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Password Protected – How to Develop a Strong Password

Created: 26 Feb 2007 08:00:00 GMT • Updated: 23 Jan 2014 18:52:09 GMT
Luis Navarro's picture
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I recently received a call from a friend who had set up an online payment reception service with a well-known provider so he could receive payments through his Web site. "I’ve got a question – there is a charge for $300 for some computer equipment that I did not order, what’s happening?" After going through the more obvious questions, I asked him: "What is your password?" It turns out his password was, literally, “password.” Someone just entered his account name, guessed the password, and now could use his account for online shopping. This is a rather extreme example, but it illustrates very well the need for strong passwords.

Adherence to stated password policies is something I get asked about quite a bit by clients looking to implement a Security Awareness Program. A weak password can disable a reasonable security infrastructure, effectively bypassing other security measures that have been implemented. Although other methods for user authentication exist, such as biometrics, usernames and passwords continue to be one of the most widely used authentication methods. Because of this, it is critical to inform users about the importance of adhering to stated password policies, and assist them in selecting strong passwords.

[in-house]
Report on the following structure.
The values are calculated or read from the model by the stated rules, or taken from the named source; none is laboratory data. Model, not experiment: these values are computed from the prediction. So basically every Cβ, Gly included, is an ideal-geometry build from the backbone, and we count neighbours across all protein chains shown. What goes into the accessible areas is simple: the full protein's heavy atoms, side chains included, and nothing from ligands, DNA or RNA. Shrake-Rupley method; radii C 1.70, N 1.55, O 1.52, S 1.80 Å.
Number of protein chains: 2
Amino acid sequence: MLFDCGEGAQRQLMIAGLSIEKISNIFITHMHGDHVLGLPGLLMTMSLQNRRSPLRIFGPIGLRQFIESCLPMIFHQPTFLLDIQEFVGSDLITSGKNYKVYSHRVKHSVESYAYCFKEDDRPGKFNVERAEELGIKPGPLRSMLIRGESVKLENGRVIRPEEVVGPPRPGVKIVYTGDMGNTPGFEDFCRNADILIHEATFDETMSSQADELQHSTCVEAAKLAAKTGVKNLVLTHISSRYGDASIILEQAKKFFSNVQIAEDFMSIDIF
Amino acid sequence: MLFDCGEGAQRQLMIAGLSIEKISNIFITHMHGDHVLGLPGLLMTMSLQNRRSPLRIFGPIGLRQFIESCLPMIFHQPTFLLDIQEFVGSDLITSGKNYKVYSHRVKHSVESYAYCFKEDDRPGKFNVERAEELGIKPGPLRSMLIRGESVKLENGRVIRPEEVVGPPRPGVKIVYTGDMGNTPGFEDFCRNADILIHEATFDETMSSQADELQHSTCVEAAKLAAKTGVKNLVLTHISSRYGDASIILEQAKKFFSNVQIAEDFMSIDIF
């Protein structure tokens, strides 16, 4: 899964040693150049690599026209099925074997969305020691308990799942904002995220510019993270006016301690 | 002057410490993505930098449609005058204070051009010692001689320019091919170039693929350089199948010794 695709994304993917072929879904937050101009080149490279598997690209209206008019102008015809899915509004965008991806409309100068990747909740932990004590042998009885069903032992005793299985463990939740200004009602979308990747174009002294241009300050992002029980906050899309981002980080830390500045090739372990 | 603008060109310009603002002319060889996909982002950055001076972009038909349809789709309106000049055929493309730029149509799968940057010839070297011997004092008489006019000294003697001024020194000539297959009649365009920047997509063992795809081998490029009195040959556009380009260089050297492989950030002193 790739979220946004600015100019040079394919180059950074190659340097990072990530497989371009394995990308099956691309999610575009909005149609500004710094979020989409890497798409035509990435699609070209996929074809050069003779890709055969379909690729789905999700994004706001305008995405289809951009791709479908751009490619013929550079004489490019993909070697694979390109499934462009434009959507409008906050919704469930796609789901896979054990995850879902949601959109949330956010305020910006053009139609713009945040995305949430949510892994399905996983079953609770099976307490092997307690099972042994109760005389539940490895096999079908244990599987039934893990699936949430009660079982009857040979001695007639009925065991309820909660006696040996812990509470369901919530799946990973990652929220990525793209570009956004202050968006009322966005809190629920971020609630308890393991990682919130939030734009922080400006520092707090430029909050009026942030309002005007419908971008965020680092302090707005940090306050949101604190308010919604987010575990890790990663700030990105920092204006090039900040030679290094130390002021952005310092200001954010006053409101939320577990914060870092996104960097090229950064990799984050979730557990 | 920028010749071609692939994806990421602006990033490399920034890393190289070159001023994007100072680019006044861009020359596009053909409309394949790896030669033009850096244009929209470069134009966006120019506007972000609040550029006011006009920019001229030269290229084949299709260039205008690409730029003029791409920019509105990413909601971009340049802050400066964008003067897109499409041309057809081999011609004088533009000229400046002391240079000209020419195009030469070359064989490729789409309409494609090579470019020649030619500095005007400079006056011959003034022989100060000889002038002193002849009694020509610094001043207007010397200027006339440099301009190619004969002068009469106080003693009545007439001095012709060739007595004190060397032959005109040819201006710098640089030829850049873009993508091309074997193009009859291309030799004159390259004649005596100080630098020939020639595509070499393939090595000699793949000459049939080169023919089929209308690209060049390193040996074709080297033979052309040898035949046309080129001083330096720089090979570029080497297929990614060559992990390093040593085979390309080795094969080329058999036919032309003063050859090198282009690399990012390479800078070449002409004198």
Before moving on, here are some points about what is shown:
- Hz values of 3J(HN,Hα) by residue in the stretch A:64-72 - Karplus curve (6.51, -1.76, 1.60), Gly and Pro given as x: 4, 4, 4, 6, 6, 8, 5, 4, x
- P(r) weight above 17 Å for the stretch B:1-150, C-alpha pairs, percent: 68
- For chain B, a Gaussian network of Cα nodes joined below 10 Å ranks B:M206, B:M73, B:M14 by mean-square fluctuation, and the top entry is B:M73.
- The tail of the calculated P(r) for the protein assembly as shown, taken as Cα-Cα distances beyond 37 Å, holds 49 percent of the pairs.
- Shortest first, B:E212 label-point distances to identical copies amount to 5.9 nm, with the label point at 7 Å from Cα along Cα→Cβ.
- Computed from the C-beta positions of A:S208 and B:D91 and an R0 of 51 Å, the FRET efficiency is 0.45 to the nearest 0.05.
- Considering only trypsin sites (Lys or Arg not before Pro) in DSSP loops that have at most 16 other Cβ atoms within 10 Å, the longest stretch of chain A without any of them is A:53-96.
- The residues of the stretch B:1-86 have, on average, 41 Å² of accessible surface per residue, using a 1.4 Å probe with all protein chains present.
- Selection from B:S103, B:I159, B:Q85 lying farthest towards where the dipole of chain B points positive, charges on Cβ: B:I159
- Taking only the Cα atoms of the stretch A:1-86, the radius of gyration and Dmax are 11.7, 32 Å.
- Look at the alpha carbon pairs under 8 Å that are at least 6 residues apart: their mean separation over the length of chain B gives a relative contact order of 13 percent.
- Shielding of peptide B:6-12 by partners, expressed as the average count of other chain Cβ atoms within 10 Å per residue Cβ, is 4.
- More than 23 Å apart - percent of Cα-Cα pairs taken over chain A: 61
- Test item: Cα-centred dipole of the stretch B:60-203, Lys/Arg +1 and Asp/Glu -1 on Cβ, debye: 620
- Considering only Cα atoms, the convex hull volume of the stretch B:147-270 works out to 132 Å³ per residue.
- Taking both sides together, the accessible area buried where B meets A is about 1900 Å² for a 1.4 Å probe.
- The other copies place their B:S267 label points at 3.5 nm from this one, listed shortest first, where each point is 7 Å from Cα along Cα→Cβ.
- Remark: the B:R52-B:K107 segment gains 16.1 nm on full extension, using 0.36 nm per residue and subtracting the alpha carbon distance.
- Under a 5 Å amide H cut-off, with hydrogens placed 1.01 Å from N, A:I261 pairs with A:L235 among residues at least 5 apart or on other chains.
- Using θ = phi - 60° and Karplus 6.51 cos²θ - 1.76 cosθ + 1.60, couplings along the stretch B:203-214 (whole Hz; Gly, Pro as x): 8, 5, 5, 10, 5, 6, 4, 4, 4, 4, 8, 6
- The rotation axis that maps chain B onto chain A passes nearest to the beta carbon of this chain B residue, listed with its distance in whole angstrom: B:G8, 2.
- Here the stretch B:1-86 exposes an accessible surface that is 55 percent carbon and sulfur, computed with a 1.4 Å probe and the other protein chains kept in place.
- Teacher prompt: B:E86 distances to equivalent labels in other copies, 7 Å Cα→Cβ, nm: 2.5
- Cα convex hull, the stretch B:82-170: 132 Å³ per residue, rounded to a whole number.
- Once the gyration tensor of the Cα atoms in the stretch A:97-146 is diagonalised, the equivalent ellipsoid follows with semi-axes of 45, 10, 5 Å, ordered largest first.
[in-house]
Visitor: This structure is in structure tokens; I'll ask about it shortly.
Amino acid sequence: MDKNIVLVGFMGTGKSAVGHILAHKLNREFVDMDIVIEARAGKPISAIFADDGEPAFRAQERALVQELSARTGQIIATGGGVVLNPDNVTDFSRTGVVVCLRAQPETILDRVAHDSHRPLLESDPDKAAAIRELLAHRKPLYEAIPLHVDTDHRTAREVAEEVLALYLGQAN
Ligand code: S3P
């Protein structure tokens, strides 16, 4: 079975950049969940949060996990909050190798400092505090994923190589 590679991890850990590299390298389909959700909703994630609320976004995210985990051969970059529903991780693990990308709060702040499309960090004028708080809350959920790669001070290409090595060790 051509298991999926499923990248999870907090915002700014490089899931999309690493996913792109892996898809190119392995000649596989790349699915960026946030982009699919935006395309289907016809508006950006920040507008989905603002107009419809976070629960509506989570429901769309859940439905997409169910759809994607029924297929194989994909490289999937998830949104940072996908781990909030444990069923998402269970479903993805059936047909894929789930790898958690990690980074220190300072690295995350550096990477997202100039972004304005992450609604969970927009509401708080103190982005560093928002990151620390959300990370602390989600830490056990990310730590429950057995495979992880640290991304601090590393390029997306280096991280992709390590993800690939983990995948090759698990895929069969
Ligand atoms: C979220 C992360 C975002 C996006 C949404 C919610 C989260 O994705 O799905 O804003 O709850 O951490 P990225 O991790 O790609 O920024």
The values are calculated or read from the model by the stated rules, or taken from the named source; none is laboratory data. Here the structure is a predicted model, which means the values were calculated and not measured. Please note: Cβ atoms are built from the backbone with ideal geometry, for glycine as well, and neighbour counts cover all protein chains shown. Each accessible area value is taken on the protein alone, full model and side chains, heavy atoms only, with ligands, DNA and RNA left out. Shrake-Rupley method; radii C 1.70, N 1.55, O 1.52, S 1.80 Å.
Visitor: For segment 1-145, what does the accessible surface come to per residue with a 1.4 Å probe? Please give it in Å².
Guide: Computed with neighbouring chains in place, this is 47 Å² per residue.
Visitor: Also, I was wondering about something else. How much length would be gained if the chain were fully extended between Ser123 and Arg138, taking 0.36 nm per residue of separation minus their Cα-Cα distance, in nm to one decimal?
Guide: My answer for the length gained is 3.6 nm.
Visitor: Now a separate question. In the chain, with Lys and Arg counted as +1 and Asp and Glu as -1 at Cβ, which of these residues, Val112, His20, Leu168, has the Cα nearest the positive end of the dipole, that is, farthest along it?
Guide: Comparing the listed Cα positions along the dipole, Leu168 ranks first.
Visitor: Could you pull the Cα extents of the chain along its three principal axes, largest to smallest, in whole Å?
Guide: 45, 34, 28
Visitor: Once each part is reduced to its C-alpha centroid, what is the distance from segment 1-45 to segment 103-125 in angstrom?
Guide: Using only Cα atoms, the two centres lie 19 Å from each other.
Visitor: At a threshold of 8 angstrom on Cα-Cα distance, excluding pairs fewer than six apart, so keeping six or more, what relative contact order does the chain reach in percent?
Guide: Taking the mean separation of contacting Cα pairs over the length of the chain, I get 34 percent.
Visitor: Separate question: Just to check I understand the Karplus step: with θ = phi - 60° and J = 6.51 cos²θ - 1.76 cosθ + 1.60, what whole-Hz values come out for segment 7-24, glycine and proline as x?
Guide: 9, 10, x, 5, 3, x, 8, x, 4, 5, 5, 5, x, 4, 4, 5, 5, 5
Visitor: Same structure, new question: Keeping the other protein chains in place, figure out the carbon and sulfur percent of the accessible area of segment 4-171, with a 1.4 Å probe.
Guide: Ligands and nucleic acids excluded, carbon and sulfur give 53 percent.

Several methods exist for selecting strong passwords, but in my experience, one of the most effective is the use of a passphrase. Users select a passphrase that is easy for them to remember, such as "I like strong passwords." They then determine a "formula" for converting this passphrase into a password, such as substitute every vowel for a special character, drop certain letters, capitalize every other word, etc. Using the above example, a password that could be generated might be "iL1k3stngP@sswrds," which is a relatively strong password, yet still easy to remember.

Providing users with awareness training regarding passwords is key to ensuring that a critical component of your security infrastructure is not undermined. Users need to know why it is important for them to select strong passwords. It is also important to provide them with training on how to select proper passwords, and tips on how to generate passwords they can also easily remember. A small investment in training in this area will pay large dividends in overall security improvements.

Further reading:

ComputerWorld article: Study: Weak passwords really do help hackers
Zulfikar Ramzan's blog: Drive-By Pharming: How Clicking on a Link Can Cost You Dearly